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Samuel H. Huang, Intelligent CAM Systems Laboratory, Dept. of Mechanical, Industrial and Nuclear Engineering, University of Cincinnati, Cincinnati, Ohio, USA
John P. Dismukes, Center for Manufacturing Value Chain Science, College of Engineering, The University of Toledo, Toledo, Ohio, USA
J. Shi, Intelligent CAM Systems Laboratory, Dept. of Mechanical, Industrial and Nuclear Engineering, University of Cincinnati, Cincinnati, Ohio, USA
Qi Su, Ge Wang, and Mousalam A. Razzak, Center for Manufacturing Value Chain Science, College of Engineering, The University of Toledo, Toledo, Ohio, USA
D. Eugene Robinson, Pilkington North America, Toledo, Ohio, USA
Samuel H. Huang is currently an associate professor in the Mechanical, Industrial and Nuclear Engineering Dept. at the University of Cincinnati. He
was an assistant professor at the University of Toledo from January 1998 to August 2001. Before returning to academia, he was with EDS/Unigraphics as a systems engineer, where he carried out several projects on CAM functionality enhancement for the Unigraphics CAD/CAM software packages. Dr. Huang received his BS degree in instrument engineering from Zhejiang University (PR. China) in 1991 and his MS and PhD degrees in industrial engineering from Texas Tech University in 1992 and 1995, respectively.
John P. Dismukes is a professor in the Dept. of Chemical and Environmental Engineering at the University of Toledo. He is also the director of the Center for Manufacturing Value Chain Science. Professor Dismukes is interested in conducting research to optimize the entire manufacturing value chain. He received a PhD degree in inorganic chemistry from the University of Illinois and a BS degree in chemistry from Auburn University in 1959 and 1955, respectively.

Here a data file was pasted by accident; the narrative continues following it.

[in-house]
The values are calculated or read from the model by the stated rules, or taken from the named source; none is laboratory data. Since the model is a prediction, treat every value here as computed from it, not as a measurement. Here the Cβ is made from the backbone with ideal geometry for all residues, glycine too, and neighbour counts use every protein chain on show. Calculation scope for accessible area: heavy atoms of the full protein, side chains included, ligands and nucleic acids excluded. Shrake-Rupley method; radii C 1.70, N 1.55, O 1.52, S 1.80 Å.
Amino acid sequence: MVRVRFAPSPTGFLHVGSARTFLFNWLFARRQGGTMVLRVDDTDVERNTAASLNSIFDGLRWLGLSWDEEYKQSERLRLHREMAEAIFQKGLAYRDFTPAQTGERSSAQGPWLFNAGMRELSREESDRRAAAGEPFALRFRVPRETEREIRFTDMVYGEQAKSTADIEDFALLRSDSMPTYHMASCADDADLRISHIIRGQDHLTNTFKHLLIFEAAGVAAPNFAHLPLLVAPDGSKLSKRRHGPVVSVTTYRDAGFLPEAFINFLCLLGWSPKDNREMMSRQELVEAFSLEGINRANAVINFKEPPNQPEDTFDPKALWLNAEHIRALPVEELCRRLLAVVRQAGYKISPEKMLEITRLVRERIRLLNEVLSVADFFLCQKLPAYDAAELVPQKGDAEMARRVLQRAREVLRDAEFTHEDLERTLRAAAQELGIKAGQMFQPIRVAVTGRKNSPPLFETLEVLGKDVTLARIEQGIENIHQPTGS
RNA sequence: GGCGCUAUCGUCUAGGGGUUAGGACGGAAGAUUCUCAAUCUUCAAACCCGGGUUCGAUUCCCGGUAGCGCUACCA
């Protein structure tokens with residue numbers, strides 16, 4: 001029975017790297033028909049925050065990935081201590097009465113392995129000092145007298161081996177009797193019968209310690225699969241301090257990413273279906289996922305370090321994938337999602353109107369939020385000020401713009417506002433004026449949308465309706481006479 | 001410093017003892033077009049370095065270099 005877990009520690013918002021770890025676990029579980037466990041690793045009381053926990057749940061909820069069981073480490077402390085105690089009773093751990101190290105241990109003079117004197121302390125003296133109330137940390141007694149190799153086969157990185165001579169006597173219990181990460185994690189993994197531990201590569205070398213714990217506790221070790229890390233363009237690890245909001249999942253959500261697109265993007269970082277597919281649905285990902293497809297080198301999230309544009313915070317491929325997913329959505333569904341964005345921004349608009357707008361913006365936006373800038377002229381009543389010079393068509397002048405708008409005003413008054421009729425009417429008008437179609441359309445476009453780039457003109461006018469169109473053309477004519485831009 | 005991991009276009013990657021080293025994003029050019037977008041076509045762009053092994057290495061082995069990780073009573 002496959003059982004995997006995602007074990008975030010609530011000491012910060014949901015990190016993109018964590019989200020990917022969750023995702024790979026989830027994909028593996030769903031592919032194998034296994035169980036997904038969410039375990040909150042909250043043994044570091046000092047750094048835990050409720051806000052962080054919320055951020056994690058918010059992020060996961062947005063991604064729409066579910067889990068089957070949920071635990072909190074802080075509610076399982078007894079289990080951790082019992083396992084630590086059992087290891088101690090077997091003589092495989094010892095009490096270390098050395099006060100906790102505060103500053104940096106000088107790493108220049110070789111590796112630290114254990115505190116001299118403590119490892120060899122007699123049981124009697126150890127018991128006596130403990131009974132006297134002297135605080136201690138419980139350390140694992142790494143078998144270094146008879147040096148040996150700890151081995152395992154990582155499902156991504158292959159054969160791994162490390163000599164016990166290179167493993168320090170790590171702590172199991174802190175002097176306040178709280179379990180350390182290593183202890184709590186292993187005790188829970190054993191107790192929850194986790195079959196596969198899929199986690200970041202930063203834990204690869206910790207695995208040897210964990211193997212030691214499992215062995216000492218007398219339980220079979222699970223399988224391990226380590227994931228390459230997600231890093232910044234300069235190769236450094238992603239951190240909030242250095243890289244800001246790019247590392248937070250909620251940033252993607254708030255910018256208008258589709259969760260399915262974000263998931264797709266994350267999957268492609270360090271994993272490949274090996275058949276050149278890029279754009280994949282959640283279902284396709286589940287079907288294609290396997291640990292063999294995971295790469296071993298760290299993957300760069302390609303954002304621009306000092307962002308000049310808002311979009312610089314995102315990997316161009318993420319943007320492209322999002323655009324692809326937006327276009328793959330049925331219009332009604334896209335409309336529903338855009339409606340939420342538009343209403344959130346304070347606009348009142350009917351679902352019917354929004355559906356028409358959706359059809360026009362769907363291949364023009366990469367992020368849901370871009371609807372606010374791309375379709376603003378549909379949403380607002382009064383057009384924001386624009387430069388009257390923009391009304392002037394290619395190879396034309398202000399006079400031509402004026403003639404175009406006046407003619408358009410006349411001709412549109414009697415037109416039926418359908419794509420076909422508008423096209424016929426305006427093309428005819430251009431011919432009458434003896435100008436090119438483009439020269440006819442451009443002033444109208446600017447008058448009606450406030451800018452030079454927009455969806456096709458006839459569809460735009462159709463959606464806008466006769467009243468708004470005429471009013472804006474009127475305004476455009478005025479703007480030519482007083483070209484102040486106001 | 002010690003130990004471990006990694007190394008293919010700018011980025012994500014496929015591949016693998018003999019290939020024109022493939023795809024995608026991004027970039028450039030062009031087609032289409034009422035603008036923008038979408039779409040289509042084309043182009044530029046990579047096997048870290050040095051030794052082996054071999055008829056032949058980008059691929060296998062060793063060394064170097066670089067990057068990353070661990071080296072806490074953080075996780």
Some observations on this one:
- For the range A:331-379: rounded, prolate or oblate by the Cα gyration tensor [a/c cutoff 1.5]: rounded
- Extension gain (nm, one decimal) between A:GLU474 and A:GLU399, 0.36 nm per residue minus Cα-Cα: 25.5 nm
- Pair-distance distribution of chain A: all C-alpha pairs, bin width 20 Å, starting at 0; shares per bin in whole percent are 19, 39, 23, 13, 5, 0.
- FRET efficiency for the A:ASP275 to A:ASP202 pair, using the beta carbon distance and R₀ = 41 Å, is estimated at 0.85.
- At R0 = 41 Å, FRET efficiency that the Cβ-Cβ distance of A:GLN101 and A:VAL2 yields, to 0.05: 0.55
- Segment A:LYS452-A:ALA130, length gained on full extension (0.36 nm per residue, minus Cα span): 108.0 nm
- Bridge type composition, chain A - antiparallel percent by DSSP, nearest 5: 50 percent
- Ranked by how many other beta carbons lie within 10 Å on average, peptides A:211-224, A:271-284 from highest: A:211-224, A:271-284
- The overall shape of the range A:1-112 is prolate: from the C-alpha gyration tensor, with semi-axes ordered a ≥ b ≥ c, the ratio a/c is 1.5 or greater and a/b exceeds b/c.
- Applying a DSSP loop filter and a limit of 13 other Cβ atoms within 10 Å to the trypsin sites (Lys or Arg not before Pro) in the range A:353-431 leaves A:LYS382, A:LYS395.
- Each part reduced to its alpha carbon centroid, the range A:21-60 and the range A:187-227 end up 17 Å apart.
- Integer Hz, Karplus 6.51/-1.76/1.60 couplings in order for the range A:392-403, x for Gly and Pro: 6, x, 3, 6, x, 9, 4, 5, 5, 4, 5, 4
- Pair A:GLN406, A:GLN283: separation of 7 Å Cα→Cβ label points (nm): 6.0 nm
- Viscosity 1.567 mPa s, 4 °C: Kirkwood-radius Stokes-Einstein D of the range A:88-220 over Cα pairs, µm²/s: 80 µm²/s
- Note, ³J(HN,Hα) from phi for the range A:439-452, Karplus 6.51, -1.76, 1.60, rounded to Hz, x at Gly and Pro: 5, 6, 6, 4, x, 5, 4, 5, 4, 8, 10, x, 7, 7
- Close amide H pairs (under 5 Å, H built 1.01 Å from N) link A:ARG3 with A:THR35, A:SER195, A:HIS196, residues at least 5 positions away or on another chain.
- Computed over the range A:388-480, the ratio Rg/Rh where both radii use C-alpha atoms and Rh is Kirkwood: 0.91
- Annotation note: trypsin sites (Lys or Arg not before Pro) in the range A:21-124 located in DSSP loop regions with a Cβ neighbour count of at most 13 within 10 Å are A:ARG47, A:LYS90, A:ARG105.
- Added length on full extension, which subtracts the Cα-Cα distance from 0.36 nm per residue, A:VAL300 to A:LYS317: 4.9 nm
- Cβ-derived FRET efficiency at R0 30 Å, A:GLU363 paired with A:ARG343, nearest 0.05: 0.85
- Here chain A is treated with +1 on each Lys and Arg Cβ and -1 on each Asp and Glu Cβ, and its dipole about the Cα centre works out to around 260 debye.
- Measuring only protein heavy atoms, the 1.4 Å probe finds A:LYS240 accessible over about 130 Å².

J. Shi is currently a research associate in the Dept. of Mechanical, Industrial and Nuclear Engineering at the University of Cincinnati. He received his BS degree and MS degree in mechanical engineering from the Southeast University (China) in 1995 and 1997, respectively; and his PhD degree in industrial engineering (“Web-based Design for X in Collaborative Product Development”) from the University of Hong Kong in 2001. His research interests are collaborative product development, supply chain management, and knowledge-based manufacturing.
Qi Su is currently a postdoctoral research associate at the Center for Manufacturing Value Chain Science at The University of Toledo. From 1985 to 1991, he was a member of the technical staff of a large shipyard and was a mechanical engineer and a deputy manager of a dyeing and printing plant in China. He received his BS degree in power machinery from Shanghai Jiao Tong University (China) in 1985, his MS in engineering management from the University of Louisiana at Lafayette in 1993, and his PhD degree in industrial engineering from The University of Toledo in 1999. His current research interests include design and analysis of advanced manufacturing systems, scheduling and process planning, productivity optimization, supply chain management, CAD/CAM, and intelligent control systems.
Ge Wang received his MS and PhD degrees from the Dept. of Mechanical, Industrial and Manufacturing Engineering at The University of Toledo in 1999 and 2001, respectively. He is now employed by Hydro Automotive Structures North America Inc. (Holland, Michigan) as a senior engineer.
M.A. Razzak received dual MS degrees in chemical engineering and industrial engineering from The University of Toledo in 2001. He is now a program manager at Intelligent Quality Systems (Toledo, Ohio).
D. Eugene Robinson is deputy vice president, quality systems, at Pilkington Automotive (Toledo, Ohio). He is interested in achieving operation excellence in a real-world manufacturing environment.